The objectives of the Administrative Core are two-fold;(1) to provide coordination, logistical support, and financial accounting for all Cores and Research Projects;(2) to foster interactive activities and integrative research. The program director of the project, Susan Goldin-Meadow, will serve a core leader for Core A, and will make decisions about the use of Core services with the input of the Steering Committee, composed of the five Project and Core Leaders: Susan Goldin-Meadow (Project I;Core A), Susan Levine ( Project II), Steven Small (Project III), Stephen Raudenbush (Core C), Lindsey Richland (Core B). To achieve its first goal. Core A provides the other Cores and Research Projects with the following services;1) managing recruitment, hiring, and review process for full-time staff;2) procuring services, supplies, and equipment;3) preparing progress and fiscal reports;4) paying participants in all projects;5) maintaining IRB approvals;6) preserving copies of records and datasets. By providing these services to each of the three research projects and the two cores. Core A prevents duplication of effort within each of the separate projects. To achieve its second goal of fostering integrative research. Core A is responsible for arranging meetings among the Program Project personnel, with invited speakers, and with the Scientific Advisory Committee. To encourage interaction, four levels of meetings will be held: 1) two meetings of the Scientific Advisory Committee;2) monthly meetings of the Steering Committee;3) monthly seminar and speaker series;and 4) semi-monthly joint "lab meetings." The quality of the implementation of Core A services is monitored by the Project and Core Leaders, as well as by University of Chicago protocols for purchasing goods and services;protocols for post-award accounting and reporting;protocols for recruiting and hiring staff;and protocols for insuring the protection of human subjects in research.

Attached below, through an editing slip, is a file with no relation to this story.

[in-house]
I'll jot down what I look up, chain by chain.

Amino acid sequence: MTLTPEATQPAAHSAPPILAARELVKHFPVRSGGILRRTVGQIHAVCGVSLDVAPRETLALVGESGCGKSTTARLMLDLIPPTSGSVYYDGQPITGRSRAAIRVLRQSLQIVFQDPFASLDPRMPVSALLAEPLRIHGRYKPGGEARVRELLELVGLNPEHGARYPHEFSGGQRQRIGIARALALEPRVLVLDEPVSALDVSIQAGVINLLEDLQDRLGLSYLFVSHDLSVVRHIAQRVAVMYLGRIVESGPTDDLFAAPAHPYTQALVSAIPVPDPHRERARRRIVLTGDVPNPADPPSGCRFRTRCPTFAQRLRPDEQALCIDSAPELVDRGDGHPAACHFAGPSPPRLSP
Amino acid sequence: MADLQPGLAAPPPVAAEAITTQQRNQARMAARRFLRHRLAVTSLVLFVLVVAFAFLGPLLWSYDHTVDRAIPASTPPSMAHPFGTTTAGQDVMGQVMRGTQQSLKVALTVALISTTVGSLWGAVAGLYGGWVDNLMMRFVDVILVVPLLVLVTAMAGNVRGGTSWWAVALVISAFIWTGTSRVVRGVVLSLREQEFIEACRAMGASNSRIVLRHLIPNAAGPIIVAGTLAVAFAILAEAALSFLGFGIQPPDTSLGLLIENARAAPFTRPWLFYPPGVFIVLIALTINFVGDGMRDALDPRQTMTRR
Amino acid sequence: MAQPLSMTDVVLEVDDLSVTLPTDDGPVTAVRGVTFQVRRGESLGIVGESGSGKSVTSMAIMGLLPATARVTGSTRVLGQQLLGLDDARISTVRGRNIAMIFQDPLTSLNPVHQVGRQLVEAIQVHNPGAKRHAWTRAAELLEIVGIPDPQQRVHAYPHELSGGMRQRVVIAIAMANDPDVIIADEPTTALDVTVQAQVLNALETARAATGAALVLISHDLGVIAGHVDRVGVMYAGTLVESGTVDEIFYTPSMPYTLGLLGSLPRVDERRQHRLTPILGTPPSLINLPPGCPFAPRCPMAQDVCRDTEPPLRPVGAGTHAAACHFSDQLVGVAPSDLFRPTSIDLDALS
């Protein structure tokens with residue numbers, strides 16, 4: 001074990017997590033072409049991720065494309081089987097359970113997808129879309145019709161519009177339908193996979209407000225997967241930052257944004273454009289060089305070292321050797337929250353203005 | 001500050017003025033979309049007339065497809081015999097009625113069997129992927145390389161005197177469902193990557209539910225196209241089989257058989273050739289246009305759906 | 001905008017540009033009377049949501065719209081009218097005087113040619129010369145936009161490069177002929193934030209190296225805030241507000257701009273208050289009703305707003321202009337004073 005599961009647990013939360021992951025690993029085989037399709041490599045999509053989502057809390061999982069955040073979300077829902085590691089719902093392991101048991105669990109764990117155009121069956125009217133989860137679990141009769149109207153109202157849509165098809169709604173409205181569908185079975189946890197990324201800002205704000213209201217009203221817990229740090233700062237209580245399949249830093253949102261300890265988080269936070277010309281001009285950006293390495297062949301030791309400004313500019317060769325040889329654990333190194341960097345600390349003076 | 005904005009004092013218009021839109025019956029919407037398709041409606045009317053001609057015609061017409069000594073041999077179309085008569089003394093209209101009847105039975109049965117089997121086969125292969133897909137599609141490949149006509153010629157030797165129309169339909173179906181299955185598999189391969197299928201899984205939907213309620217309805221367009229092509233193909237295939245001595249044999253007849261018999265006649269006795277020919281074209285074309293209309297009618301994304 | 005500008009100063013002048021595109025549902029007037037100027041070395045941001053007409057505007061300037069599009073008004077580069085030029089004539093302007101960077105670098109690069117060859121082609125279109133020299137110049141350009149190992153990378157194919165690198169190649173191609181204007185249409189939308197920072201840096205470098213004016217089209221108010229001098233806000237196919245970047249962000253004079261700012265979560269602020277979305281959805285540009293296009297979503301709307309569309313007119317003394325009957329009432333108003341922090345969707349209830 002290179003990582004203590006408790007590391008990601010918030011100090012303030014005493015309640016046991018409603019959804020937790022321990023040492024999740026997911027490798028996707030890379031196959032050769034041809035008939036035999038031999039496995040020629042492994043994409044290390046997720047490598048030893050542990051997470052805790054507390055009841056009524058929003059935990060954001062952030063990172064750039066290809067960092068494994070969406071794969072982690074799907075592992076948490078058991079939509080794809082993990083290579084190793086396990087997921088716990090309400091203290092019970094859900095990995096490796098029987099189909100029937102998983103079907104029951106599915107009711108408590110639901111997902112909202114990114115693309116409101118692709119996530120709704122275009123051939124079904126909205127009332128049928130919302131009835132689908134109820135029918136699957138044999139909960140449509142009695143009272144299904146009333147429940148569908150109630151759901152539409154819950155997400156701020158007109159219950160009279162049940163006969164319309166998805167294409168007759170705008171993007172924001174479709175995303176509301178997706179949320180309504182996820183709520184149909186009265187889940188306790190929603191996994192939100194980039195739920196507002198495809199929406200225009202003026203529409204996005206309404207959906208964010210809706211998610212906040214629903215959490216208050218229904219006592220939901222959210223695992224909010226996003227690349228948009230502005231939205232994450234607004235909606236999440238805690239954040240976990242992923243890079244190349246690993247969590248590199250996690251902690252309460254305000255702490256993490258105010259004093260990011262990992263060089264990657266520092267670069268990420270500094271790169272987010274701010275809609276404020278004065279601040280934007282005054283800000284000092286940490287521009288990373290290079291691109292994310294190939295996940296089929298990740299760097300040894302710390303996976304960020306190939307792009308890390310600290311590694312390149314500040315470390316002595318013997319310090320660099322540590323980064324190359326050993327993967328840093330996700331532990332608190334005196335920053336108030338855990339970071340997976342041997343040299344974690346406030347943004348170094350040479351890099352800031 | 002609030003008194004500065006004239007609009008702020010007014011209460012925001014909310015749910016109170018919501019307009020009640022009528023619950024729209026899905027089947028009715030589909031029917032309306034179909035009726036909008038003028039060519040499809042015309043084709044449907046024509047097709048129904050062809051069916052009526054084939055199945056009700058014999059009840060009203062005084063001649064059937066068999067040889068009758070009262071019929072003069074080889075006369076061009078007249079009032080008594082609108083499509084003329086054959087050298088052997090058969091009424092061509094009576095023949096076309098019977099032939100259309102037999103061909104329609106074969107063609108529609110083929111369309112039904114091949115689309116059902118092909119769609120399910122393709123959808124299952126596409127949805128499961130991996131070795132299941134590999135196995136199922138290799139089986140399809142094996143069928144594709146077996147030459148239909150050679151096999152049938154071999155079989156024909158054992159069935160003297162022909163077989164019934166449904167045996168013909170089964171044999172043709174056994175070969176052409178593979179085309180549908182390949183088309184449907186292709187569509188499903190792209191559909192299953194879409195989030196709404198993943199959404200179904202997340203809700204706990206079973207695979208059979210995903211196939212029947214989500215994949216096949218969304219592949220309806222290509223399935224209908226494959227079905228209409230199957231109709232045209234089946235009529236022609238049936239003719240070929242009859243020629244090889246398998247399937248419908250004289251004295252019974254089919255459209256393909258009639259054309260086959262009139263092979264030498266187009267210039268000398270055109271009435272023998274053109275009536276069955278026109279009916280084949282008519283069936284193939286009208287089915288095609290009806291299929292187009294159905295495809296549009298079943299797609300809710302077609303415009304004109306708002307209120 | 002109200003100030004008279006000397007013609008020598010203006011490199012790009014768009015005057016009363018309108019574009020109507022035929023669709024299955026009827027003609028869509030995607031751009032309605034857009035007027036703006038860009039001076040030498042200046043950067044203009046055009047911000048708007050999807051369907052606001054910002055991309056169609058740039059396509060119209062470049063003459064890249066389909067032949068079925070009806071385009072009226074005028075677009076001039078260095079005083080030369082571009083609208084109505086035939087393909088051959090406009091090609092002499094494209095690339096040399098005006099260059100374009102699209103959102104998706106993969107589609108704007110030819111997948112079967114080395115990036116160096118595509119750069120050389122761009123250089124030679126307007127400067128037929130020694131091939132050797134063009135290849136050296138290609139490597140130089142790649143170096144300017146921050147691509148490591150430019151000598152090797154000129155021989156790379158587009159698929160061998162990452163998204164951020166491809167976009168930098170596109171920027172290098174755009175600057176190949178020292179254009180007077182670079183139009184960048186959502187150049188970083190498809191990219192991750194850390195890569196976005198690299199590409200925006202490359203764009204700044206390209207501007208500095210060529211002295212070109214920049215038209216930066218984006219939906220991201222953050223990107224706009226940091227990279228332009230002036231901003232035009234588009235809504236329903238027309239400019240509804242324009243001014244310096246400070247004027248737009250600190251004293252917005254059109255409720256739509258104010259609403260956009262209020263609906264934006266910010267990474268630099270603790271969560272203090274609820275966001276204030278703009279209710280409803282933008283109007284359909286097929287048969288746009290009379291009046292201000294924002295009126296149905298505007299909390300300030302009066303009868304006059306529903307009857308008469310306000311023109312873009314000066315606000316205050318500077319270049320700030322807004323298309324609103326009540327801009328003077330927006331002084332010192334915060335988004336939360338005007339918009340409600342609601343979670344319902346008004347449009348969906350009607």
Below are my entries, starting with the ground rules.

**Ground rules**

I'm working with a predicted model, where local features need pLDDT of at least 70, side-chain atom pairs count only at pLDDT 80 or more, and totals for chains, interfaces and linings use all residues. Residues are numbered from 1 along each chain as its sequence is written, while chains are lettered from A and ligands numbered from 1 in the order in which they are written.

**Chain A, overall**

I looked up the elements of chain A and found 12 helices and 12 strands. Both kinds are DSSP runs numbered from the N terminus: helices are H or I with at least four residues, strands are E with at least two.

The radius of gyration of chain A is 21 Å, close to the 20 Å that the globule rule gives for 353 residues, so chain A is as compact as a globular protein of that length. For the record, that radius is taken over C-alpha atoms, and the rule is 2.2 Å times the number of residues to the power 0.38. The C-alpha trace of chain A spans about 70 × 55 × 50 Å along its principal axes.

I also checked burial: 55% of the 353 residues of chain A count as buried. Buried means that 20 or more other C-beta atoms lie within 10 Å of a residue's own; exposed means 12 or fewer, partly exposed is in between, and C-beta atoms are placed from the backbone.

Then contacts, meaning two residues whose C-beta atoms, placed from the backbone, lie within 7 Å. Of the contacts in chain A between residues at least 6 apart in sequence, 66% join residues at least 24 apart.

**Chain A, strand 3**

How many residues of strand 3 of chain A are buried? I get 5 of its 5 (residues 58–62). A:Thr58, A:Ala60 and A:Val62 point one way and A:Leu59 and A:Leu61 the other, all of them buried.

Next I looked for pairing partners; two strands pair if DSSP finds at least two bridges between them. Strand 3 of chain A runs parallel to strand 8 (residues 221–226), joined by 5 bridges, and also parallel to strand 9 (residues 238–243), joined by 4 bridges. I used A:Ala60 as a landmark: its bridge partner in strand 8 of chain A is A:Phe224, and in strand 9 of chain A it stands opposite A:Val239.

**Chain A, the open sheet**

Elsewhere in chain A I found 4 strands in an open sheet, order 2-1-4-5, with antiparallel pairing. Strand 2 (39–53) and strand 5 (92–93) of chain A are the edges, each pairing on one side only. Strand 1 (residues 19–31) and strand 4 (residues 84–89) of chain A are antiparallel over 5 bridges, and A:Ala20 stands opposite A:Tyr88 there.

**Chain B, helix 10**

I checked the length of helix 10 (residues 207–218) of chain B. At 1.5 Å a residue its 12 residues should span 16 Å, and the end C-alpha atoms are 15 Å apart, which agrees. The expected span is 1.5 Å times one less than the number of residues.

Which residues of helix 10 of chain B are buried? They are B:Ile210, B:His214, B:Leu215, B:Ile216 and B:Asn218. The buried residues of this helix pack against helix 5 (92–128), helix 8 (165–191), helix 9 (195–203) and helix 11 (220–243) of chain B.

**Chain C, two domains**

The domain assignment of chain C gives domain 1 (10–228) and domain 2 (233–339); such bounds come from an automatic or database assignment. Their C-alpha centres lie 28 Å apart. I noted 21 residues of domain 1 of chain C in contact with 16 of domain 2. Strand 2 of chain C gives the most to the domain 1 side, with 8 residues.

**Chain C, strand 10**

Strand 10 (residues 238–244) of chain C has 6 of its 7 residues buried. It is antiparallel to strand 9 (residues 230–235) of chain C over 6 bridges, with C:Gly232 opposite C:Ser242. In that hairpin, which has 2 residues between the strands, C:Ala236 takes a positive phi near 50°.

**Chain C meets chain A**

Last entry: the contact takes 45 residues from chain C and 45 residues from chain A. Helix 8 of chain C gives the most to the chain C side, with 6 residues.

Core A provides administrative support for the entire program project, which is designed to explore the impact of environmental and biological variation on how children learn to use their language for higher order thinking, a key cognitive underpinning of academic and 21^'century career success.
|Demir, Özlem Ece; Levine, Susan C; Goldin-Meadow, Susan (2015) A tale of two hands: children's early gesture use in narrative production predicts later narrative structure in speech. J Child Lang 42:662-81|
|Tune, Sarah; Schlesewsky, Matthias; Small, Steven L et al. (2014) Cross-linguistic variation in the neurophysiological response to semantic processing: evidence from anomalies at the borderline of awareness. Neuropsychologia 56:147-66|
|Ozçal??kan, Seyda; Gentner, Dedre; Goldin-Meadow, Susan (2014) Do iconic gestures pave the way for children's early verbs? Appl Psycholinguist 35:1143-1162|
|Goldin-Meadow, Susan (2014) Widening the lens: what the manual modality reveals about language, learning and cognition. Philos Trans R Soc Lond B Biol Sci 369:20130295|
|Demir, Ozlem Ece; Fisher, Joan A; Goldin-Meadow, Susan et al. (2014) Narrative processing in typically developing children and children with early unilateral brain injury: seeing gesture matters. Dev Psychol 50:815-28|
|Goldin-Meadow, Susan; Levine, Susan C; Hedges, Larry V et al. (2014) New evidence about language and cognitive development based on a longitudinal study: hypotheses for intervention. Am Psychol 69:588-99|
|Goldin-Meadow, Susan (2014) In search of resilient and fragile properties of language. J Child Lang 41 Suppl 1:64-77|
|Cartmill, Erica A; Hunsicker, Dea; Goldin-Meadow, Susan (2014) Pointing and naming are not redundant: children use gesture to modify nouns before they modify nouns in speech. Dev Psychol 50:1660-6|
|Carlson, Matthew T; Sonderegger, Morgan; Bane, Max (2014) How children explore the phonological network in child-directed speech: A survival analysis of children's first word productions. J Mem Lang 75:159-180|
|Dick, Anthony Steven; Raja Beharelle, Anjali; Solodkin, Ana et al. (2013) Interhemispheric functional connectivity following prenatal or perinatal brain injury predicts receptive language outcome. J Neurosci 33:5612-25|
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